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Hospice heroes Chloe (14) and mum honoured


Chloe McNamara (14) Dublin at the launch of the Irish Hospice Foundation Sunflower Day

Chloe McNamara (14) Dublin at the launch of the Irish Hospice Foundation Sunflower Day

Debby & Chloe McNamara with Mary Kennedy

Debby & Chloe McNamara with Mary Kennedy


Chloe McNamara (14) Dublin at the launch of the Irish Hospice Foundation Sunflower Day

THIS Dublin mum and daughter team have been volunteering religiously at the Irish Hospice after they had a very personal encounter with the incredible organisation.

Debby and Chloe McNamara were both named 'sunflower heroes' by the Irish Hospice Foundation in recognition of their fundraising activities.

Mum Debby said that she and Chloe (14) have been raising funds for the cause since the death of her husband, Gerry, in 2009 from Motor Neuron Disease, after he spent some of his last days in Our Lady's Hospice in Harold's Cross.

The Donnybrook woman - who adopted Chloe with Gerry in Malaysia when she was just two weeks old - said that when he was diagnosed it was a "great shock".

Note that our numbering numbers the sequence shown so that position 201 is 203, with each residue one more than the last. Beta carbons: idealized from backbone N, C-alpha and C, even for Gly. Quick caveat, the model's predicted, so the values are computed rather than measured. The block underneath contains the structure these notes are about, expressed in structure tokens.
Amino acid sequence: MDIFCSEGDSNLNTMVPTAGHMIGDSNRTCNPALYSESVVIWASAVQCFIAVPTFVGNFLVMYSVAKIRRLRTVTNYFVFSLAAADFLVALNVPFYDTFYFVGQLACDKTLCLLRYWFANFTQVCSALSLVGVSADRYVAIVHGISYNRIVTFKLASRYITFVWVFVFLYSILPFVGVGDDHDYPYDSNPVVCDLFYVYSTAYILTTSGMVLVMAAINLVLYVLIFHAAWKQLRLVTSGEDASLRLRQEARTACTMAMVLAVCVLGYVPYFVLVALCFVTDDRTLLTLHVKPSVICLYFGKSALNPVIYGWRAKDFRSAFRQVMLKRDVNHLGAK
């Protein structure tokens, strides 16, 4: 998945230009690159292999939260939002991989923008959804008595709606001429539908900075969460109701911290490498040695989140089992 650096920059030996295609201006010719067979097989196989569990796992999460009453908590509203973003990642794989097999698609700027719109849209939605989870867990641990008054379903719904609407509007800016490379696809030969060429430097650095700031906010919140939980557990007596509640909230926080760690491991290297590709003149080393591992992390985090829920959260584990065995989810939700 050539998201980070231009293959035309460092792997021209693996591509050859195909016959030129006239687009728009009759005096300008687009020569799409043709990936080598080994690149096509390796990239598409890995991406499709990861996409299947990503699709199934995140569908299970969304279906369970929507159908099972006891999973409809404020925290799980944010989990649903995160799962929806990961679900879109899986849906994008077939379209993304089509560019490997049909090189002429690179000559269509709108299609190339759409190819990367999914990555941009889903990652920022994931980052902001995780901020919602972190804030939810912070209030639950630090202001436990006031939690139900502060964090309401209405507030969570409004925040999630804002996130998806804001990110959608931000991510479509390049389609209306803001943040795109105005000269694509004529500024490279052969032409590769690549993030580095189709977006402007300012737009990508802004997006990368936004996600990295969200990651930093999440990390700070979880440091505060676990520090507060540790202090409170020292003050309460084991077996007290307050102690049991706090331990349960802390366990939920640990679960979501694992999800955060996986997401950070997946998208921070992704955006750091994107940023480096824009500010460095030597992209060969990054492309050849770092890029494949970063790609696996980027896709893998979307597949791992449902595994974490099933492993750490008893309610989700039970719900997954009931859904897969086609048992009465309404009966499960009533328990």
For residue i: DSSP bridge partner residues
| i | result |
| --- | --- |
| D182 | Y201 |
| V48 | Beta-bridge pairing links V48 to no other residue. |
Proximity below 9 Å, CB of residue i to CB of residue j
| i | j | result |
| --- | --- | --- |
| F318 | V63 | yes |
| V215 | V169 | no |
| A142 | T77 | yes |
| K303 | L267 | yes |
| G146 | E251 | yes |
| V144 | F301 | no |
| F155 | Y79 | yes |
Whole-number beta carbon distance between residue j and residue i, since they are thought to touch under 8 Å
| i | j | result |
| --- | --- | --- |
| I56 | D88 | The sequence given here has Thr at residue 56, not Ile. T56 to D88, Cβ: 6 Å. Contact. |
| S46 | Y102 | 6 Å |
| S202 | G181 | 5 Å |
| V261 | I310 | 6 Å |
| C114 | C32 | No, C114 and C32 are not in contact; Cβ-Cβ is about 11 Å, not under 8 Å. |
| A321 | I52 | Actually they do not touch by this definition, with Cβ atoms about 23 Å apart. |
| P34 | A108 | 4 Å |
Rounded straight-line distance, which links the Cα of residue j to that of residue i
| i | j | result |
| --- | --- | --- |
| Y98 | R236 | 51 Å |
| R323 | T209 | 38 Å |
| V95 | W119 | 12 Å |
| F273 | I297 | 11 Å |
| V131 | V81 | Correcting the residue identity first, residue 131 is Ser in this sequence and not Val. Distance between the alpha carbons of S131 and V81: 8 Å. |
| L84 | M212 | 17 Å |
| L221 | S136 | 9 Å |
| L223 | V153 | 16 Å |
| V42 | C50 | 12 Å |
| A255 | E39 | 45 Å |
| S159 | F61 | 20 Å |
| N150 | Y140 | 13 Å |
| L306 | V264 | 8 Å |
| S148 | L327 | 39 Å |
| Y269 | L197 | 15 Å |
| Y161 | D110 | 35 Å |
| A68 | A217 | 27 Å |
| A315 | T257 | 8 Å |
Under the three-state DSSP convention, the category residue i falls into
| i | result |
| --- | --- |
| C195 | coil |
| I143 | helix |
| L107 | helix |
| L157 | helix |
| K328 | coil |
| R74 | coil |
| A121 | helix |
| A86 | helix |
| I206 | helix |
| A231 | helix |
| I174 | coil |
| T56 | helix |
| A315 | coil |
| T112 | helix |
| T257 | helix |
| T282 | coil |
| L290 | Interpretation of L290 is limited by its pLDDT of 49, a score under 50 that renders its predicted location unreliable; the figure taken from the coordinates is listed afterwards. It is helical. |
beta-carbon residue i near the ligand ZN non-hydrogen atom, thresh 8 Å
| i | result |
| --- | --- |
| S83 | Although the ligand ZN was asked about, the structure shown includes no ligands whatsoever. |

"He was a businessman and rugby player and just loved life," Debby said. "We can't even begin to imagine what we would have done without the hospice. It helps you strengthen up and cope. It gets rid of the fear. It's given us strength and we're taking the good out of it, just as Gerry would have wanted."

The Dublin woman revealed that sunflowers, the symbol of the Irish Hospice Foundation, hold a special significance for her.

"The July before his diagnosis, Gerry was planting sunflowers from pots into our garden for Chloe when he pulled a muscle in his back," she explained.

"That was the first thing that led to his diagnosis the following September."

Almost six years on and the mother and daughter duo have raised thousands for the cause through their love of gardening.

The pair transformed the garden at Our Lady's Hospice, which went on to win numerous awards at Bloom 2013.

"Fourteen months after Gerry died, his father passed away and left us some money. I decided to give the money to the Hospice and the garden was sent to Bloom, where it was voted Best in Show and won a silver gilt award," Debby said.


The garden continues to raise funds for the organisation, with a fundraiser scheduled for this weekend.

"All the funds raised will be going towards the hospice," Debby said.

Ten other 'sunflower heroes' from around the country were also honoured at yesterday's ceremony, including Dublin native Nora Gahan, who has been raising money for the charity since 1989.

The public can support the Irish Hospice Foundation by making a donation or buying a sunflower badge on this year's Sunflowers Days on June 5-6.